News of the Future This Week, February 21, 2018

“While technology is important, it’s what we do with it that truly matters.”–Muhammad Yunus

So what’s more important–technological breakthroughs or how we apply them?  The cloud is a technology;  blockchain is an application.

So where do the 10 breakthrough technologies that make up MIT Technology Review’s annual list for 2018 stand?  All over the place.  Many, if not all of them, might be described as either incremental improvements or advanced applications built on existing technologies.   Where is the line?  Tell me if you know.

Technology Breakthroughs–MIT Technology Review published its annual list of breakthrough technologies for 2018.  Not surprisingly, it’s chock full of digital and bio technologies.  Good list?  Somehow I feel there is more out there.

EM Drive. A propulsion system without propellant? Image credit: nasaspaceflight.com

Space/propulsion systems–Talk about your breakthrough technology: China claims to have perfected the EM drive.  You might not see it on that MIT list anytime soon, though.  It will take more than talk to convince the mainstream scientific community, which views the concept as an impossible violation of one of Newton’s third law of motion.  It claims to create thrust without a propellant.

–NASA isn’t sold on the EM drive, at least not yet.  But they are considering reviving a decades old plan to use nuclear powered rockets in an effort to send manned craft to Mars by the 2030’s.

Energy/Transportation–BP is forecasting a peak in oil and gas demand by 2040. It sees the mass emergence of self-driving electric vehicles as the main cause.  Considering their vested interest, they may be ignoring the possibility of a more rapid drop off.

Bored in Space?

Space Commerce/Tourism–Hotel magnate Robert Bigelow, also  CEO of Bigelow Aerospace, has now formed a new enterprise, Bigelow Space.  One of his proposed projects is to launch an inflatable orbiting space hotel by 2021.  I’m just wondering what one would do up there, other than float around in microgravity.  Maybe binge watch episodes of the Lost In Space reboot?

Aerospace/Advanced Transportation–A Chinese team has announced the design of a hypersonic jet that could make the trip from Beijing to New York in as little as two hours.  If feasible, it could upstage the planned 2020 test flight of a new Lockheed jet which aims to make the trip in 7 hours.  There is no announced timetable for building and testing the Chinese craft.

Electric Vehicles–It might not be as sexy as a 6,000kph jet;  but Volkswagon has provided a teaser preview of its proposed 112mph, 400+ mile range electric vehicle.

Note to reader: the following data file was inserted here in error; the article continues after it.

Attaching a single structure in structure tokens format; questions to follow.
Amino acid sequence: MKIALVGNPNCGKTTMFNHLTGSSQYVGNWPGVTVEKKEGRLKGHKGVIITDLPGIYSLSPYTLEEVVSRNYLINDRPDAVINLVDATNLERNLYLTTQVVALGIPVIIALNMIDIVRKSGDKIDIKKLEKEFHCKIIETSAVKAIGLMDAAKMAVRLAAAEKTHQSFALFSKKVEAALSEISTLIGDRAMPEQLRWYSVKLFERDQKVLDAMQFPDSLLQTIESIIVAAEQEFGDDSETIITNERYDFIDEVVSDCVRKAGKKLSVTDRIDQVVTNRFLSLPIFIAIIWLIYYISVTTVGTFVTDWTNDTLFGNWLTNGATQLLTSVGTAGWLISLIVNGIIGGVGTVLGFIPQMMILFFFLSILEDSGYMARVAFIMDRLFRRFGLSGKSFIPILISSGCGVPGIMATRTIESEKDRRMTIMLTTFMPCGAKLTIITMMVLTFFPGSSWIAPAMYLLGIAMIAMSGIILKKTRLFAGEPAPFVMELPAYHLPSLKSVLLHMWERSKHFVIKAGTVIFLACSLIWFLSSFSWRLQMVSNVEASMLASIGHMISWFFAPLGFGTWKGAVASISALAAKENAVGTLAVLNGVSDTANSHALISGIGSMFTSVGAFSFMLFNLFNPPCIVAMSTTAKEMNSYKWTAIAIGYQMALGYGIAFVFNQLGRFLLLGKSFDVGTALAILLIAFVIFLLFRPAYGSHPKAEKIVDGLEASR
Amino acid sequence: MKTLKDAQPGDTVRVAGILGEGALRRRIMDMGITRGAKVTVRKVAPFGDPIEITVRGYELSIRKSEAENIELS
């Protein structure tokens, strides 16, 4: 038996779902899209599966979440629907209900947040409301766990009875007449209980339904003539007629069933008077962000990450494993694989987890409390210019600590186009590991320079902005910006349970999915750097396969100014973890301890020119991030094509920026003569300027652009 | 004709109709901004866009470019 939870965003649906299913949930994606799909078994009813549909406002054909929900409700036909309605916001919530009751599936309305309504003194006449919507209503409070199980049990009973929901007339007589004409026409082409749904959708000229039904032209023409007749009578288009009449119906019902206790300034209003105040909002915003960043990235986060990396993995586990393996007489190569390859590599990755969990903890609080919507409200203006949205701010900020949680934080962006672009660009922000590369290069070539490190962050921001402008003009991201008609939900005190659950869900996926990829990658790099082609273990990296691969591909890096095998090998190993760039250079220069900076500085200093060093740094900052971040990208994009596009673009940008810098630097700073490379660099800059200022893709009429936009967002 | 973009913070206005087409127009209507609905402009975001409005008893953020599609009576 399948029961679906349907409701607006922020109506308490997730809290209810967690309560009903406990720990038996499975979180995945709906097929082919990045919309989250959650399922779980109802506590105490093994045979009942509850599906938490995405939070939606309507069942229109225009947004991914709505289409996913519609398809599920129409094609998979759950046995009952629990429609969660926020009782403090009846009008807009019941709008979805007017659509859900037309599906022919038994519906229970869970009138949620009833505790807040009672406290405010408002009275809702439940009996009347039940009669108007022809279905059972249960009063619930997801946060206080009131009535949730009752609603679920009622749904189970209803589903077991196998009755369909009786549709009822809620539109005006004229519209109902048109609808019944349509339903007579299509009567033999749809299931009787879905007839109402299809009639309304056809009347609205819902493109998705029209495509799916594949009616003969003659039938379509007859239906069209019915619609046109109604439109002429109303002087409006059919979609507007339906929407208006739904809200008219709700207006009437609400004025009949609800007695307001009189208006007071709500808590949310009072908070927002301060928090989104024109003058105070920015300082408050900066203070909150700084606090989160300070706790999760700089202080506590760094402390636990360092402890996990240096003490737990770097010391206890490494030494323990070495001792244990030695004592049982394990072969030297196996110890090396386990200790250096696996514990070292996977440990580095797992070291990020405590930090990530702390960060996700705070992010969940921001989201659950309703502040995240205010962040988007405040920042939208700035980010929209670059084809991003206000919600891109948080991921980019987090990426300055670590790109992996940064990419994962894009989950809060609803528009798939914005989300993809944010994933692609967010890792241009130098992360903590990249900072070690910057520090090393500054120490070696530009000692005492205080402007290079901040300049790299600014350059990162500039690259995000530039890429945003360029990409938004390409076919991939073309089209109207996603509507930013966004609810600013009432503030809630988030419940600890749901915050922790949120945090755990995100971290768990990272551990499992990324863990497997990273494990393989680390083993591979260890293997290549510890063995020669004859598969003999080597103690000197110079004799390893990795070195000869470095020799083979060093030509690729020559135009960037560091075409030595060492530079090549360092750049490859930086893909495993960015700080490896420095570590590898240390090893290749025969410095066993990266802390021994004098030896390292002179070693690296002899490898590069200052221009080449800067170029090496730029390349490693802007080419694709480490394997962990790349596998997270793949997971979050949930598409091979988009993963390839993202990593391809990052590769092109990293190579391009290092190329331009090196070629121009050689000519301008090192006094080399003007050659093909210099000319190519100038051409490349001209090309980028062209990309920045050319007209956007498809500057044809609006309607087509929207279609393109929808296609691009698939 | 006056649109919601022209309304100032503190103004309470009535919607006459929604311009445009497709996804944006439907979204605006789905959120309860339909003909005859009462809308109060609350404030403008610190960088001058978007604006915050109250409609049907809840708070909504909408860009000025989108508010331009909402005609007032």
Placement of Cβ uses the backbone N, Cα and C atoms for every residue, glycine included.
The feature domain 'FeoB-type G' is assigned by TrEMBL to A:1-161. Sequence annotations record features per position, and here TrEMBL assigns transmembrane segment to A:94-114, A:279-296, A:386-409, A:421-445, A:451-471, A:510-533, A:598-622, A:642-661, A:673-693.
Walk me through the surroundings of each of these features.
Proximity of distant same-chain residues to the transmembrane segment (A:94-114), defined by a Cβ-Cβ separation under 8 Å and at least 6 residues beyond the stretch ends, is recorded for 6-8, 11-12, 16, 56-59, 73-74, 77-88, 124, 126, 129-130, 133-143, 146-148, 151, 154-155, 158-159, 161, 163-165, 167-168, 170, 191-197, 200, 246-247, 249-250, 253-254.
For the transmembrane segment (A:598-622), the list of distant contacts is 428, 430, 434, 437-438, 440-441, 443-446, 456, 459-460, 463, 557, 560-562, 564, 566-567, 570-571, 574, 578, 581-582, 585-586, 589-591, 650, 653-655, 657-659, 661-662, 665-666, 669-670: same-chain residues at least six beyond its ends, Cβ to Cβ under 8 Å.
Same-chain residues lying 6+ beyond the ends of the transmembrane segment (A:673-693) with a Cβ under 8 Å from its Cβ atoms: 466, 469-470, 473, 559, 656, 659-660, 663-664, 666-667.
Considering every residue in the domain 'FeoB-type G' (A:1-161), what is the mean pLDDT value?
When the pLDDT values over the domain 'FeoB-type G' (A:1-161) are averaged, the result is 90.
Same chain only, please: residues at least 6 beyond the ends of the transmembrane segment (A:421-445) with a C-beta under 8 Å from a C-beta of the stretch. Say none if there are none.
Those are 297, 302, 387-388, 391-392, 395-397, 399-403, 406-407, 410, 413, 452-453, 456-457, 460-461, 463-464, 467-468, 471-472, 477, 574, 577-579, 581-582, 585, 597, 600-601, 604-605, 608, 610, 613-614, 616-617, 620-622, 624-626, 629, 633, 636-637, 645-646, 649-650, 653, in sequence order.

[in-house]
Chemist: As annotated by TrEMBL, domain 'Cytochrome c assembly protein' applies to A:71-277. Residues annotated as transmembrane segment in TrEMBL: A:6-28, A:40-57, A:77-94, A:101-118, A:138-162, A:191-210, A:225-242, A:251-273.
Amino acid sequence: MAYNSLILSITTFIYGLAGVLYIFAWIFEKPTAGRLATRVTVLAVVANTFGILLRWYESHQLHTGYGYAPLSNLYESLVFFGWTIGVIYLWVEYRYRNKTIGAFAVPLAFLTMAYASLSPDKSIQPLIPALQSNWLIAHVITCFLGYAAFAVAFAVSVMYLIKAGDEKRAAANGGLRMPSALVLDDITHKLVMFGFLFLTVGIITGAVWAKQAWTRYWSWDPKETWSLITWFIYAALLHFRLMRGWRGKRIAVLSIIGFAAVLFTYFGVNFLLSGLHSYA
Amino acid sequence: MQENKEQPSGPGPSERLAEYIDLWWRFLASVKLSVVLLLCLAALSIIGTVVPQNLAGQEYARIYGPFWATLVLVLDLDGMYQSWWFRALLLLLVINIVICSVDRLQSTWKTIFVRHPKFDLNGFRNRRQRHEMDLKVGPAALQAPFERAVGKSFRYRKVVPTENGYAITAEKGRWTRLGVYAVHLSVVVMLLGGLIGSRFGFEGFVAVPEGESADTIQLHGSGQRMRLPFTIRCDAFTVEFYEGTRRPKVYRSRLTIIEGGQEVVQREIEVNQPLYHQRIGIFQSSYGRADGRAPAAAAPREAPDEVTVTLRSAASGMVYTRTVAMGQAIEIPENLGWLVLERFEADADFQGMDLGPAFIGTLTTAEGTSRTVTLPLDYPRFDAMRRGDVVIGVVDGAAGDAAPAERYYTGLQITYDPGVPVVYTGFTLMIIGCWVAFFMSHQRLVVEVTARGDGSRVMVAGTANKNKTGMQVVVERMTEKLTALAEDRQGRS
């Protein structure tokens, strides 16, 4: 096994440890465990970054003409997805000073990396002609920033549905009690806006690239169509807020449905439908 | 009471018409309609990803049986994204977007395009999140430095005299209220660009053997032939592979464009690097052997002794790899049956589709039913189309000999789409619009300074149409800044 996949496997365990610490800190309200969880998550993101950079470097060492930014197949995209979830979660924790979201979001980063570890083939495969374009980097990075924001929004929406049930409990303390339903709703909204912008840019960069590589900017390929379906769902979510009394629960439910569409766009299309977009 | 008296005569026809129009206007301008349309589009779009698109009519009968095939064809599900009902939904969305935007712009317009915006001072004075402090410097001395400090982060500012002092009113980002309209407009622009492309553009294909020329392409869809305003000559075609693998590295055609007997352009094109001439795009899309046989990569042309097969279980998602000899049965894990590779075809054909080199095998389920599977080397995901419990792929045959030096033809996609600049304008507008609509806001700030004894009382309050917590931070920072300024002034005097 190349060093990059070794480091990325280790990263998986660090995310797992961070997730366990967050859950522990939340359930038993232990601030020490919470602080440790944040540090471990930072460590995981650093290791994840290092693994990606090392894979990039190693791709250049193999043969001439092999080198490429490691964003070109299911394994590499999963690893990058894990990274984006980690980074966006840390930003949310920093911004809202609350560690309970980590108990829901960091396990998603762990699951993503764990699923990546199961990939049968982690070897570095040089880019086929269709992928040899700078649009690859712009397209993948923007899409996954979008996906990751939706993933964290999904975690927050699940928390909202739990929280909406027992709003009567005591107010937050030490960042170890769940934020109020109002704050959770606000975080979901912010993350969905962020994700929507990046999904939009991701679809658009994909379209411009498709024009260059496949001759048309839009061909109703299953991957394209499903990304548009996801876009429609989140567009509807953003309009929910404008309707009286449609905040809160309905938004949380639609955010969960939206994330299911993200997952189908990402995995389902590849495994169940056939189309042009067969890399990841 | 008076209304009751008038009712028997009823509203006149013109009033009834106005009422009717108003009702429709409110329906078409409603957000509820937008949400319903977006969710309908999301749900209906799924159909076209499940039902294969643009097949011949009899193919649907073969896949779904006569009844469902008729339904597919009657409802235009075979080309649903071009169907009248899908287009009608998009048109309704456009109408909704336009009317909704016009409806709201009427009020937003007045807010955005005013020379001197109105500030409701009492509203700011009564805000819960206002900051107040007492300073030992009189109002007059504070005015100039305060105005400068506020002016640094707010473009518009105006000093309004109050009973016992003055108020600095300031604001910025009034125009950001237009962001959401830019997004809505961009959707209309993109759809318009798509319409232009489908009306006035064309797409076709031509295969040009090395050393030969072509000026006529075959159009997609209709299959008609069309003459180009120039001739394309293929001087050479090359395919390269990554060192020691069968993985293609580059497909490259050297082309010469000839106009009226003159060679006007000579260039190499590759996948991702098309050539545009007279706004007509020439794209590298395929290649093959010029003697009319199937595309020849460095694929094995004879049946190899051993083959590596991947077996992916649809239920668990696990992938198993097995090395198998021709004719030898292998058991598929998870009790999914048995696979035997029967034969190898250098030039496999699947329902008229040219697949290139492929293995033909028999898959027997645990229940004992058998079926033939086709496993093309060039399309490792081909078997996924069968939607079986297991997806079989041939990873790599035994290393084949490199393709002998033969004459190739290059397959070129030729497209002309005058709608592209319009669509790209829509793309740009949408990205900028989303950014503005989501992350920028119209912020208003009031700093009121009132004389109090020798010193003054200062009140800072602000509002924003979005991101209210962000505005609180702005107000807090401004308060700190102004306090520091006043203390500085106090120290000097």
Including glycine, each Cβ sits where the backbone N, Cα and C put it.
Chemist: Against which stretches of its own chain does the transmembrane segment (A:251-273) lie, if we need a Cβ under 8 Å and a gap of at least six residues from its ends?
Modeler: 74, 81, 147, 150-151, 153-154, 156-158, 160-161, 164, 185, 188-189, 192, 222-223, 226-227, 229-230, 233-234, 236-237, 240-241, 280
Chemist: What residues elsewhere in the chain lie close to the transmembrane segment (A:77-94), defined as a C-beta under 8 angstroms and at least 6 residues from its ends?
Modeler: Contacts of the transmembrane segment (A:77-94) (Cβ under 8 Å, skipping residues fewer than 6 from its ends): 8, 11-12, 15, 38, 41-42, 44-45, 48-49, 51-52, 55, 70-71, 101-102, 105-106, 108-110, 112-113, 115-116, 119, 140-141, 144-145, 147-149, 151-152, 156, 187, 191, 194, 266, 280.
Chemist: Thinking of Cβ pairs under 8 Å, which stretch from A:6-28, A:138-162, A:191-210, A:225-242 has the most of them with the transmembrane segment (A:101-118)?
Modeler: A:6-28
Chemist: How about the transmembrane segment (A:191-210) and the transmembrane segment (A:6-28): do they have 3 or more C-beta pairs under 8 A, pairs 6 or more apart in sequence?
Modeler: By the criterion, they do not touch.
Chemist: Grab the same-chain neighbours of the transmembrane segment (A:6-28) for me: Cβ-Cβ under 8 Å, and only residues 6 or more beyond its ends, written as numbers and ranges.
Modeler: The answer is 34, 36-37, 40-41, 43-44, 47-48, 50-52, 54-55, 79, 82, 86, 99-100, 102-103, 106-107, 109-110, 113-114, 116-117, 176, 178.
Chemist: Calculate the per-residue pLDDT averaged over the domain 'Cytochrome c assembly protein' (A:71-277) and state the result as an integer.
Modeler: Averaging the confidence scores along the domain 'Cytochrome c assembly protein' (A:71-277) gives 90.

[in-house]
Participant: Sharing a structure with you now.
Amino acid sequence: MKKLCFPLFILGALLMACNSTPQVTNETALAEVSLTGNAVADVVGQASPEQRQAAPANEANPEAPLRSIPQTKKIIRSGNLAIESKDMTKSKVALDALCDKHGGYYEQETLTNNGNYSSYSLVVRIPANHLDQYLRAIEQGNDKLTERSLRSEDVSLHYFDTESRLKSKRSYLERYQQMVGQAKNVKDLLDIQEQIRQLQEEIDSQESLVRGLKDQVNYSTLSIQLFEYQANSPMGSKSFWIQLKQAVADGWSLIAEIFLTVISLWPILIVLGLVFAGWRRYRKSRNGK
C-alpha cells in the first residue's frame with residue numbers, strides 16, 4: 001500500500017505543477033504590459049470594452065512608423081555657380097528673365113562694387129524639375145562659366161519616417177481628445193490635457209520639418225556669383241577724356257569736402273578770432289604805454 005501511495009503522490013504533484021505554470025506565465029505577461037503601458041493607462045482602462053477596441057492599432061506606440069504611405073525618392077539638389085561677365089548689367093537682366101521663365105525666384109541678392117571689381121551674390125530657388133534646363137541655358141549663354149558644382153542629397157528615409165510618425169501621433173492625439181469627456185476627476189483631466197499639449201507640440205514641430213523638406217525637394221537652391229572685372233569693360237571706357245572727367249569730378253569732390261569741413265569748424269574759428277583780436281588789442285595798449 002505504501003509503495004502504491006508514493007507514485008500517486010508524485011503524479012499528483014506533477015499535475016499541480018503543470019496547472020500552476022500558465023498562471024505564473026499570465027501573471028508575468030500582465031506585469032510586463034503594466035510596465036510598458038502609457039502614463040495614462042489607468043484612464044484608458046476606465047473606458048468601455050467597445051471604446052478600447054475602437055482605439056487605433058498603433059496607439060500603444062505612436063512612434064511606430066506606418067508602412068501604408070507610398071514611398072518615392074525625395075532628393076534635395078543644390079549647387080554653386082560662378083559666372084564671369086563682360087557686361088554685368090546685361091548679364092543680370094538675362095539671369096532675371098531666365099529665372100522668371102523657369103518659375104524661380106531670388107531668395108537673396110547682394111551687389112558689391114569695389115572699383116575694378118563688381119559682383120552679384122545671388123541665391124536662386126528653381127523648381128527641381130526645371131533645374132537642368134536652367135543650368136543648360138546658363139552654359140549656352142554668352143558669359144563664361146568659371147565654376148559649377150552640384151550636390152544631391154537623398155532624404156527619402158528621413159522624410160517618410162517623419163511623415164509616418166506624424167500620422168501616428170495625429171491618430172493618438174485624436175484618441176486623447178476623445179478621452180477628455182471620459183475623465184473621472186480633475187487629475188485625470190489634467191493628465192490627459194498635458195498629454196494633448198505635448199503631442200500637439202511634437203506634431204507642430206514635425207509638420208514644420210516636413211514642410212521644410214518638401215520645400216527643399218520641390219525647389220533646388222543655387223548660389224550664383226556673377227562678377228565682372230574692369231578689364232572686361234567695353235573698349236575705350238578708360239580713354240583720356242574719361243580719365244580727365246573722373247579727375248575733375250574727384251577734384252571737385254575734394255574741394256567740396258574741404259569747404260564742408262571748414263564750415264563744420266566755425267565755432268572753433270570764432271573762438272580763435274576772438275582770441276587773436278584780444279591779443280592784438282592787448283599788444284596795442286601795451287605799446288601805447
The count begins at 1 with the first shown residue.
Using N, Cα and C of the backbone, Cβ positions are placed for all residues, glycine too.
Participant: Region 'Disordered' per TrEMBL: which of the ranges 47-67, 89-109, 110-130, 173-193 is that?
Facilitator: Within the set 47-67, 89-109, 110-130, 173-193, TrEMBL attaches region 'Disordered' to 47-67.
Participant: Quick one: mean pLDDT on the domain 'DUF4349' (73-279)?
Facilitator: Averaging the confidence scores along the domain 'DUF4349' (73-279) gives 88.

Coming Attractions–Seeking Delphi,™ the podcast, will return in March, featuring interviews with Roberto Sacarro on social robotics, and Jerome Glenn, on The Millennium Project’s 19th State of the Future publication.  We’ll also feature some on the spot interviews from the Intelligen Future tracks at the 2018 SXSW conference from Austin, Texas.

While you’re reading about all this week’s future-related  news, don’t forget that you can subscribe to Seeking Delphi™ podcasts on iTunes, PlayerFM, or YouTube (audio with slide show) and you can also follow us on Twitter and Facebook 

 

A reminder that the Seeking Delphi™ podcast is available on iTunesPlayerFM, blubrry , and has a channel on YouTube.  You can also follow us on Facebook.

The Future Last Year: 2017 In Review

“My mentality is that of a samurai. I would rather commit seppuku than fail.”–Elon Musk

“The best way to predict the future is to invent it.”–Alan Kay

Technology was everywhere in 2017.  And everywhere technology went, Elon Musk was sure to lead.  Perhaps we should paraphrase Alan Kay.  The best way to predict the future, is to watch Elon. If anybody is inventing it, it’s him. Tesla, Solar City, SpaceX, Neuralink, Hyperloop.  If it involved renewable energy, autonomous vehicles, space commerce, transhumanism, or warnings about artificial intelligence (lot’s of warnings), it probably involved Elon.

With that, I name Elon Musk, in total, our first Future Story of The Year, for 2017.  Here’s a very brief history of his year, along with some of the other top stories from 2017.

While you’re reading about it all, don’t forget that you can subscribe to Seeking Delphi™ podcasts on iTunes or PlayerFM, and you can also follow us on Twitter and Facebook 

Elon Musk

Tesla– Even as the lower priced ($35,000) model 3 production lagged way behind predictions, Elon revealed the new Tesla semi.  It’s great that he aims high, but in 2018 he will need to deliver, not just promise.

SpaceXAs of this writing, the Falcon Heavy rocket sits on pad 39A at Cape Canaveral.  It’s the precursor of even heavier launch vehicles that Elon hopes will send humans to Mars by 2030.